Have you ever spent hours assembling some complicated gizmo and then anxiously hoped it would work when you turned it on for the first time? Boy, I sure have.

So imagine what must have been going through the minds of the European Space Agency's scientists and engineers a few weeks ago as they recorded the first swaths of sky with their shiny new Planck spacecraft.

Temperature map of the CMB

A 10°-wide swatch of sky from Planck's first-light survey reveals minute temperature fluctuations, differences of only millionths of a degree, in the Cosmic Microwave Background.

ESA / LFI & HFI Consortia

Launched on May 14th (together with an infrared observatory called Herschel), Planck is designed to map feeble microwave emissions over the entire sky. This cosmic microwave background, or CMB, is the relic radiation from the Big Bang — think of it as the afterglow of a dying campfire — and its subtle details can teach us much about how the universe began.

Planck is now situated about 1 million miles (1½ million km) from Earth, opposite the Sun, at a gravitational balance point known as L2. From there it will scan the entire sky at multiple wavelengths for at least the next 15 months.

This isn't the first spacecraft to map the CMB — the Soviet Union's Prognoz 9 spacecraft took measurements in 1983, and NASA followed with two hugely successful missions: the Cosmic Background Explorer and the still-kicking Wilkinson Microwave Anisotropy Probe, which established our current "era of precision cosmology."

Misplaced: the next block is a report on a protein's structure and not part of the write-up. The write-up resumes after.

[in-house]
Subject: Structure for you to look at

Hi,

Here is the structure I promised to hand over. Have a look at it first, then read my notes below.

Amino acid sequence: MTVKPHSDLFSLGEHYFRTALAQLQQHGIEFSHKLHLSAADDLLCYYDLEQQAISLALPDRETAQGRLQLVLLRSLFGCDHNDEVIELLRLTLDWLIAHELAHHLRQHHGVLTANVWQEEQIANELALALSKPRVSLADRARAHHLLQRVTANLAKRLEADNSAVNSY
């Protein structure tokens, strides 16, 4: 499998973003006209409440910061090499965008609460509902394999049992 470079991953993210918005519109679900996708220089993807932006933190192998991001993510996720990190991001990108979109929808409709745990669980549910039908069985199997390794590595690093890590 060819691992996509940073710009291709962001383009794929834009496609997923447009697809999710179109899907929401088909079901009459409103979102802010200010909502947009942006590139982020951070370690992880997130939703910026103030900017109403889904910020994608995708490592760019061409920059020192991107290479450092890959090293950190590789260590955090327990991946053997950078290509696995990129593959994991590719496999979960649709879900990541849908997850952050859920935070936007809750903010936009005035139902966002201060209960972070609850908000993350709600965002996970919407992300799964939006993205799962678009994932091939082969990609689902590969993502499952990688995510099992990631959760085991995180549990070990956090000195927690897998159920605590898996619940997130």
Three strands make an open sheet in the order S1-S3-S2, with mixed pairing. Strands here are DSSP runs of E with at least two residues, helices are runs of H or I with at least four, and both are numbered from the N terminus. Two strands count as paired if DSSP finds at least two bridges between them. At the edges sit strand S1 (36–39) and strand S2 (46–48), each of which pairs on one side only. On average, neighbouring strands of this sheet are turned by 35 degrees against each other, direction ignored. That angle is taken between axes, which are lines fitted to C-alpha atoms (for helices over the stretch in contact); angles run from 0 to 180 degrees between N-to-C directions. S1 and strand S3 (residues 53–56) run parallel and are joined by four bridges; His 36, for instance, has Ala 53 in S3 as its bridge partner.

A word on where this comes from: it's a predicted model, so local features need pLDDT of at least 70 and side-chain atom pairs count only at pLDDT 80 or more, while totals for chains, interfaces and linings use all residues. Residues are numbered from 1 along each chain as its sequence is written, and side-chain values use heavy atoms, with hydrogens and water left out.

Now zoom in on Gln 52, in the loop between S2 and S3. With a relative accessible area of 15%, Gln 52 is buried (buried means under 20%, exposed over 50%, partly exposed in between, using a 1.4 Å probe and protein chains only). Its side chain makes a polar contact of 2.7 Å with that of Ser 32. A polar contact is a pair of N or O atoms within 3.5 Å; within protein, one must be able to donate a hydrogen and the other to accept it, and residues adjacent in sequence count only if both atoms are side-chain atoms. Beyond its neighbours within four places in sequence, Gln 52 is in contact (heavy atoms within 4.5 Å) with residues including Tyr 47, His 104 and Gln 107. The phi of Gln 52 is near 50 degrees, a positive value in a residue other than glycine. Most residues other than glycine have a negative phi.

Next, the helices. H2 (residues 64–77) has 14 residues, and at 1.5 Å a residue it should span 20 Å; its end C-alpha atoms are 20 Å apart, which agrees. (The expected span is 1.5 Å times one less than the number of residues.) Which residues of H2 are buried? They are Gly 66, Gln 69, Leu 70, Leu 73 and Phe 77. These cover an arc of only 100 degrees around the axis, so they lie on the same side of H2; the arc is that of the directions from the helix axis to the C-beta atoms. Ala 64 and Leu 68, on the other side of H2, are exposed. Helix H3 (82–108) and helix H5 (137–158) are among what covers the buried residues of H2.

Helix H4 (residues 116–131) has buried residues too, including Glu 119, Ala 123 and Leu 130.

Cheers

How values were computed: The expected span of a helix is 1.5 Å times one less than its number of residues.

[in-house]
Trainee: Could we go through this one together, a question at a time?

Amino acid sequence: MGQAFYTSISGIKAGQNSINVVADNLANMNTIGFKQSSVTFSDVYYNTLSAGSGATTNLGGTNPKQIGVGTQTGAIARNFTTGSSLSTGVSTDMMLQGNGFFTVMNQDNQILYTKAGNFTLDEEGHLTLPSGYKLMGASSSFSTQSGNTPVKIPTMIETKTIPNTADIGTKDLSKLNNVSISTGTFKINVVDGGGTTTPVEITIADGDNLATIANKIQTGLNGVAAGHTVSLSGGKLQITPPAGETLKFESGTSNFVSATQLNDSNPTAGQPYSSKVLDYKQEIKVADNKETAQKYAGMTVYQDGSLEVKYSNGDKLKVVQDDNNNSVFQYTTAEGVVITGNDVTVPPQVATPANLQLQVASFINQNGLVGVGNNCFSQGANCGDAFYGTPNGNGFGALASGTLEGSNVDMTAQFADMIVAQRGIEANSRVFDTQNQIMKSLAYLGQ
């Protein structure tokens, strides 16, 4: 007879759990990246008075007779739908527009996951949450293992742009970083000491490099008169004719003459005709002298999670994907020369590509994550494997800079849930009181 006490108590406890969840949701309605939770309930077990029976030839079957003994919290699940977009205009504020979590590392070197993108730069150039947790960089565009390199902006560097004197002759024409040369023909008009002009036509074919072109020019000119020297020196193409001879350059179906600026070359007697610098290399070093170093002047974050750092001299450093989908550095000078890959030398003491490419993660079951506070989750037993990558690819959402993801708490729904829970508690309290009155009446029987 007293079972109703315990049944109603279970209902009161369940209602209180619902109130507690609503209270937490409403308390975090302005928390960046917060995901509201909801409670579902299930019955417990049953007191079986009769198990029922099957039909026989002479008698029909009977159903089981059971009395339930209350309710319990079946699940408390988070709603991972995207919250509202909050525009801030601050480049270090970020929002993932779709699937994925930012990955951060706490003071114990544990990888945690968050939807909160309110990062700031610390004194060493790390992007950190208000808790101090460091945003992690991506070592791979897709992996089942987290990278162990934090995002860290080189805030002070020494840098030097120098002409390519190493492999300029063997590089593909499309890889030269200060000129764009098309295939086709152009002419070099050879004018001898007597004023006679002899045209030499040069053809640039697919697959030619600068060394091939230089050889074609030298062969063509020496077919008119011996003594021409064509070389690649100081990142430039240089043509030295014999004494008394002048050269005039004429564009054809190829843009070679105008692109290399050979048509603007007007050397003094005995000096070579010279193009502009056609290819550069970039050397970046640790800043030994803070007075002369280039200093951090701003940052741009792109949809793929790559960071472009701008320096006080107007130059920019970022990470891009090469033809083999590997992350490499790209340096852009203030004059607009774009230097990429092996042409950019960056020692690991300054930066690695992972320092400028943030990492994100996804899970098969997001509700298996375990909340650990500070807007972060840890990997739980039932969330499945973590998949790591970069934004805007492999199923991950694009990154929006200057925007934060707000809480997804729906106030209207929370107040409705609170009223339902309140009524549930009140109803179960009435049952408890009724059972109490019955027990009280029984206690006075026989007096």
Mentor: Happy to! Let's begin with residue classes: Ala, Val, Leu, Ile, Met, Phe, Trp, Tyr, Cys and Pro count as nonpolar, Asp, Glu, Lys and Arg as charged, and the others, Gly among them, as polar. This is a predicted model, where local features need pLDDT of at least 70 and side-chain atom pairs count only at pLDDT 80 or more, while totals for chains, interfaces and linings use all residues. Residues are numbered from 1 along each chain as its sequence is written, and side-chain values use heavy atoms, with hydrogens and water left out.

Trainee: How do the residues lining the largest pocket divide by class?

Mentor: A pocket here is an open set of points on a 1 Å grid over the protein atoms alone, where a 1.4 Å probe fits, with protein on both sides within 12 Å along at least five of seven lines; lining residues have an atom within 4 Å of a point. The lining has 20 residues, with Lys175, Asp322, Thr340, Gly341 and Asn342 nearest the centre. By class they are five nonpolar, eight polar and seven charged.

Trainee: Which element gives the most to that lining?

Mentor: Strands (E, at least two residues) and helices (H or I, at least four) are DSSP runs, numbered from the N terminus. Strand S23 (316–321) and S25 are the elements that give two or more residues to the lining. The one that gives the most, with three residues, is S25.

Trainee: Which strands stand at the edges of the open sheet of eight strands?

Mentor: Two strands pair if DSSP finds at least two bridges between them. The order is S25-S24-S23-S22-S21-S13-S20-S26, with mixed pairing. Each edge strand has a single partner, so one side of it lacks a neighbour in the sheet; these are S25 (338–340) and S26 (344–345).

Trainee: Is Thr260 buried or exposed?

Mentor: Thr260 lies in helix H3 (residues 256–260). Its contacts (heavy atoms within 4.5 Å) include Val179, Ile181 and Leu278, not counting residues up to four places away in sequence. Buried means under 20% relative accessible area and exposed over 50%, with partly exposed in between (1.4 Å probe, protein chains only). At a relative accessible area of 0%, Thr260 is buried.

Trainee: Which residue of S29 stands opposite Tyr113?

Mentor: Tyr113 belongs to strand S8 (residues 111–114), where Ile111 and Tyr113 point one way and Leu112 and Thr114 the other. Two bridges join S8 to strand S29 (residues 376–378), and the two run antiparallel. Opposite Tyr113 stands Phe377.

Planck will scan the entire sky to build the most accurate map ever of the Cosmic Microwave Background (CMB), the relic radiation from the Big Bang. Planck will take about 6 months to complete a full scan of the sky, charting two maps during its 15 month-lifetime.

ESA / C. Carreau

Planck will extend this work. To record the minuscule temperature variations present in the CMB, the spacecraft's must be cryogenically cooled to near absolute zero (-460°F or -273°C). The resulting maps should reveal details down to 10 arcminutes (one-third the full Moon's diameter), and the wide frequency coverage will allow astronomers to disentangle foreground radiation from galactic and extragalactic sources from the primordial background signal.

So far, everything is working well. The Planck team has just released the spacecraft's first swaths of survey data, representing two weeks of data collected last month at nine different frequencies. Now Planck is pressing ahead to finish its first all-sky map in about six months. ESA has a nice video that explains how this mapping is done, and you can learn more about the successful first-light observations here.


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